Gaunt reported that there will be changes in the organization of the Chancellor’s office in New Brunswick with the addition of a VP for Finance and Budget for the campus. The position description of the Provost in New Brunswick is being written and will be posted internally for a faculty member at the Professor I or distinguished professor level. The position will focus primarily on faculty issues of recruitment, mentoring, promotion and tenure. The need for Provost positions for the campuses was written into the integration legislation.
The composition of the university Promotion Review Committee will now include the campus provost positions, and the campus Chancellors will no longer be on the PRC. VP Edwards will remain the university liaison to the AAU and the CIC.
There will be changes in the extent to which crime alerts will be distributed. The Clery laws require campuses to share crime reports that occur on campus and within a specified geographical distance. The university chose to expand that distance for the sake of reporting, but there has been feedback on the necessity to do so.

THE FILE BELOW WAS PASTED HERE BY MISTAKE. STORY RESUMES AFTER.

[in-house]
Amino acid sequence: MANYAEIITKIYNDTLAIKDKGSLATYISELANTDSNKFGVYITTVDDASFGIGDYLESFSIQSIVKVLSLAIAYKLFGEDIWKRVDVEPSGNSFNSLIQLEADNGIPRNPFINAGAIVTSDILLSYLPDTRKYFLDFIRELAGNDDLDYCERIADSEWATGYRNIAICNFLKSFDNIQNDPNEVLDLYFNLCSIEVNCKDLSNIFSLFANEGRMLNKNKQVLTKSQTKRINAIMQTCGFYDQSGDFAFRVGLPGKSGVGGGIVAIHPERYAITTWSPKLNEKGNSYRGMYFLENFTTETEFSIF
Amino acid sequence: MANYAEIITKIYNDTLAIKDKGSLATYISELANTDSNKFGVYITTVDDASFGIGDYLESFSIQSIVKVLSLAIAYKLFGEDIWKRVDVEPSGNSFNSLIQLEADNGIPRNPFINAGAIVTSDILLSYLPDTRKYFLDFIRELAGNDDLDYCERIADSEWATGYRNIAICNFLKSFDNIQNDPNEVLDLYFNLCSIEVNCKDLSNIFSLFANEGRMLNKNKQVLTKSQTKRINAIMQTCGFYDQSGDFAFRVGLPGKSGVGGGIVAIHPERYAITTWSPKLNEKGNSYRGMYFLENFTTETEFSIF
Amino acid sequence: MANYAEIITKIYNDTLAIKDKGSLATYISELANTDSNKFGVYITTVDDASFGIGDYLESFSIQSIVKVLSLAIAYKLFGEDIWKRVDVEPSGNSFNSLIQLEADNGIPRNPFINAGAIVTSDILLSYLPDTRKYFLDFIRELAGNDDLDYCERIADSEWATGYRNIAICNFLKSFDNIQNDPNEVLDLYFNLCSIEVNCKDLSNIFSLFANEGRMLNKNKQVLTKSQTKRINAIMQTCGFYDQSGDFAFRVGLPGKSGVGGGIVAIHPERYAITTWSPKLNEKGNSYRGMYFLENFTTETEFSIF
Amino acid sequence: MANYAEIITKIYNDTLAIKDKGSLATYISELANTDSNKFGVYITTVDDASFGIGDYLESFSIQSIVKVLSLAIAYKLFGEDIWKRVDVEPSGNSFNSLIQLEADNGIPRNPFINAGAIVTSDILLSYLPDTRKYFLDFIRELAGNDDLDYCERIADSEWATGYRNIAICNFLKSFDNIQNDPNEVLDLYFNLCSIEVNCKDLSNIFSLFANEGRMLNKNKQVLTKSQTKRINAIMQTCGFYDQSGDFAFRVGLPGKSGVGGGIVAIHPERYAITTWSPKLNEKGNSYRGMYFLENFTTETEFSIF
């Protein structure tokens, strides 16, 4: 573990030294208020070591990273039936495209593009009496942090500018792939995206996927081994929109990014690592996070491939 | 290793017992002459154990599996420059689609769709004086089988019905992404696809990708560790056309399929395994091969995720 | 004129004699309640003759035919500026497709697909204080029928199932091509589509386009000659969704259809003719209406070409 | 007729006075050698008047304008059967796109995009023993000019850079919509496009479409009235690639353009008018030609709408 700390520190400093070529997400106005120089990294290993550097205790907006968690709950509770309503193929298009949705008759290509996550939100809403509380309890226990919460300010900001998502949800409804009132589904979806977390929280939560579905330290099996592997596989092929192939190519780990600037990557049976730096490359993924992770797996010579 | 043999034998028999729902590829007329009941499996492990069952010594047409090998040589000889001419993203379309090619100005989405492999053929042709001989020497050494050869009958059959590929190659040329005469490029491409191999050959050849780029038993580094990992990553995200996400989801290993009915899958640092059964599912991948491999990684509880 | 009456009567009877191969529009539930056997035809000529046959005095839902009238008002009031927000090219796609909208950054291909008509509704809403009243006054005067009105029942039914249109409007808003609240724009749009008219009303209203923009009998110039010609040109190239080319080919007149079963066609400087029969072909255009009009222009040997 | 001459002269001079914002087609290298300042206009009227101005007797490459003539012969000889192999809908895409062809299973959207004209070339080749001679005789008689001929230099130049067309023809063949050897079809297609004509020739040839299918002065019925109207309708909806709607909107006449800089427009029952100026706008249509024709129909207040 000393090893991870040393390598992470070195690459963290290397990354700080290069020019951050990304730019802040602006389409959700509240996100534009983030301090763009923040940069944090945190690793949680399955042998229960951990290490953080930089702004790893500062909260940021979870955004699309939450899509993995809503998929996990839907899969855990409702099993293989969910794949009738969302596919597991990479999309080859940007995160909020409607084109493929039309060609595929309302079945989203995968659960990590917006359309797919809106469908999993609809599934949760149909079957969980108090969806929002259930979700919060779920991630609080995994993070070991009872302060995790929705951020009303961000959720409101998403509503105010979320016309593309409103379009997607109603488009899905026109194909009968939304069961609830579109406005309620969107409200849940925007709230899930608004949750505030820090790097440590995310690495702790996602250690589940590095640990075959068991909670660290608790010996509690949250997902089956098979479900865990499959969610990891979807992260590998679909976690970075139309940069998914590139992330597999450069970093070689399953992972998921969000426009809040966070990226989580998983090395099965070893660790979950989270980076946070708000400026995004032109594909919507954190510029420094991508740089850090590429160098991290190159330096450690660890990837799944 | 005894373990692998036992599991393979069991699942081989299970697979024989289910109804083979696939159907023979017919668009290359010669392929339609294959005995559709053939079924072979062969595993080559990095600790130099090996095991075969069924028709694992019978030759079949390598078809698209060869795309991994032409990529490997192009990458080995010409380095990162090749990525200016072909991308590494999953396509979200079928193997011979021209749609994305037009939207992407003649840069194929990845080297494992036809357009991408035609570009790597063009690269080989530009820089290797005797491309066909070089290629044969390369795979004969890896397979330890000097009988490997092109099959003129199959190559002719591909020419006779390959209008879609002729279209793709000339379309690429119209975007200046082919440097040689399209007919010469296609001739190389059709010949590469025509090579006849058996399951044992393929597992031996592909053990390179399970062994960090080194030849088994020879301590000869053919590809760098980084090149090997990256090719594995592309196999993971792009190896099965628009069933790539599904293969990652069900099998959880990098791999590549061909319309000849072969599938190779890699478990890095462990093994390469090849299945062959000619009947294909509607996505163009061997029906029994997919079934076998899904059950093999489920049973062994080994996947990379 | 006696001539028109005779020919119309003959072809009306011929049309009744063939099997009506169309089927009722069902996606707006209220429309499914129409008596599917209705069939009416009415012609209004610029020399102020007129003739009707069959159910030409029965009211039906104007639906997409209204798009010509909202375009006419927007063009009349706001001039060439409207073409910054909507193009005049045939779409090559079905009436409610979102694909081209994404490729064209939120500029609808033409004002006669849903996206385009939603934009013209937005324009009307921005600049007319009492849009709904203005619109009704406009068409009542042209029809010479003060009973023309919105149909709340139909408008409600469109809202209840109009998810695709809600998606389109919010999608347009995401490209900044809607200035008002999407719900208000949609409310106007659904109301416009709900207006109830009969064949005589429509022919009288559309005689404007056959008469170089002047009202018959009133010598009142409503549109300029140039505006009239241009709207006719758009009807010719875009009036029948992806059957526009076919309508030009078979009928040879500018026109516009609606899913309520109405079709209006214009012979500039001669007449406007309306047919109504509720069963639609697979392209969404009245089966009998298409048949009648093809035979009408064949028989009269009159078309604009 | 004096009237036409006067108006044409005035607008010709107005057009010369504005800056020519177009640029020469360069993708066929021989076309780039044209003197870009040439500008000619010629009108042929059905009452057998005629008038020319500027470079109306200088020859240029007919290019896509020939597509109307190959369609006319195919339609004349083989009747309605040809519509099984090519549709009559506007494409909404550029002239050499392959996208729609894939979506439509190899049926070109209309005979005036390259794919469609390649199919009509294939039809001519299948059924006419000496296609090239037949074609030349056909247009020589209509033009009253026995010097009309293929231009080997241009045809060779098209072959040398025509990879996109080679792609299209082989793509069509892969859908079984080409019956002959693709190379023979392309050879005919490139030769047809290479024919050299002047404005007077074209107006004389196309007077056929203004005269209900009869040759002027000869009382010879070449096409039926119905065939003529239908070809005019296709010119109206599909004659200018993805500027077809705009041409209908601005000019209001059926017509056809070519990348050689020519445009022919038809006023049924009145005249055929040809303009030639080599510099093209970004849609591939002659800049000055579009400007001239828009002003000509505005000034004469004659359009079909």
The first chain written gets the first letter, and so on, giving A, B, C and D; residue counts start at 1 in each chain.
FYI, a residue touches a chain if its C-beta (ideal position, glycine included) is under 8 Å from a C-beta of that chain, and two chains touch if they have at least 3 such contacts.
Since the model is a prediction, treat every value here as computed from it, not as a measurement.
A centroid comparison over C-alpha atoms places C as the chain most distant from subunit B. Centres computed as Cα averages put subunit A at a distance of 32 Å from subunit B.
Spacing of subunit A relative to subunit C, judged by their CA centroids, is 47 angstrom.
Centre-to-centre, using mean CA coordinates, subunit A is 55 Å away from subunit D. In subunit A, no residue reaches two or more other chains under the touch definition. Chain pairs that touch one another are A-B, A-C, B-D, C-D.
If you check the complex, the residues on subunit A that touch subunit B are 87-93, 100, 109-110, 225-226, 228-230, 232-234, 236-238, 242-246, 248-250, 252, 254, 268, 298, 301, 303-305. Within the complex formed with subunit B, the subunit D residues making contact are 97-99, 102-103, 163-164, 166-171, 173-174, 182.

Student Services is reviewing the support that it provides to students through various units with the focus on organizational effectiveness and cohesiveness in a one stop shop for career and counseling support.
The VP for Research and Corporate Relations will be reorganizing the office to enhance services and support.
A new business portal for the website will provide a single point of entry for corporations wishing to do business with the university.
The patent policies of the legacy UMD and Rutgers will be aligned in a single policy.
Work on the university facilities master plan is moving ahead and the master plan should be presented in the Fall.
The Libraries Advisory Committee met in early May and among the topics discussed was potential budget reduction scenarios for next year. The committee was very supportive and proposed that they write a letter of library support, especially as it relates to the university strategic plan and goals.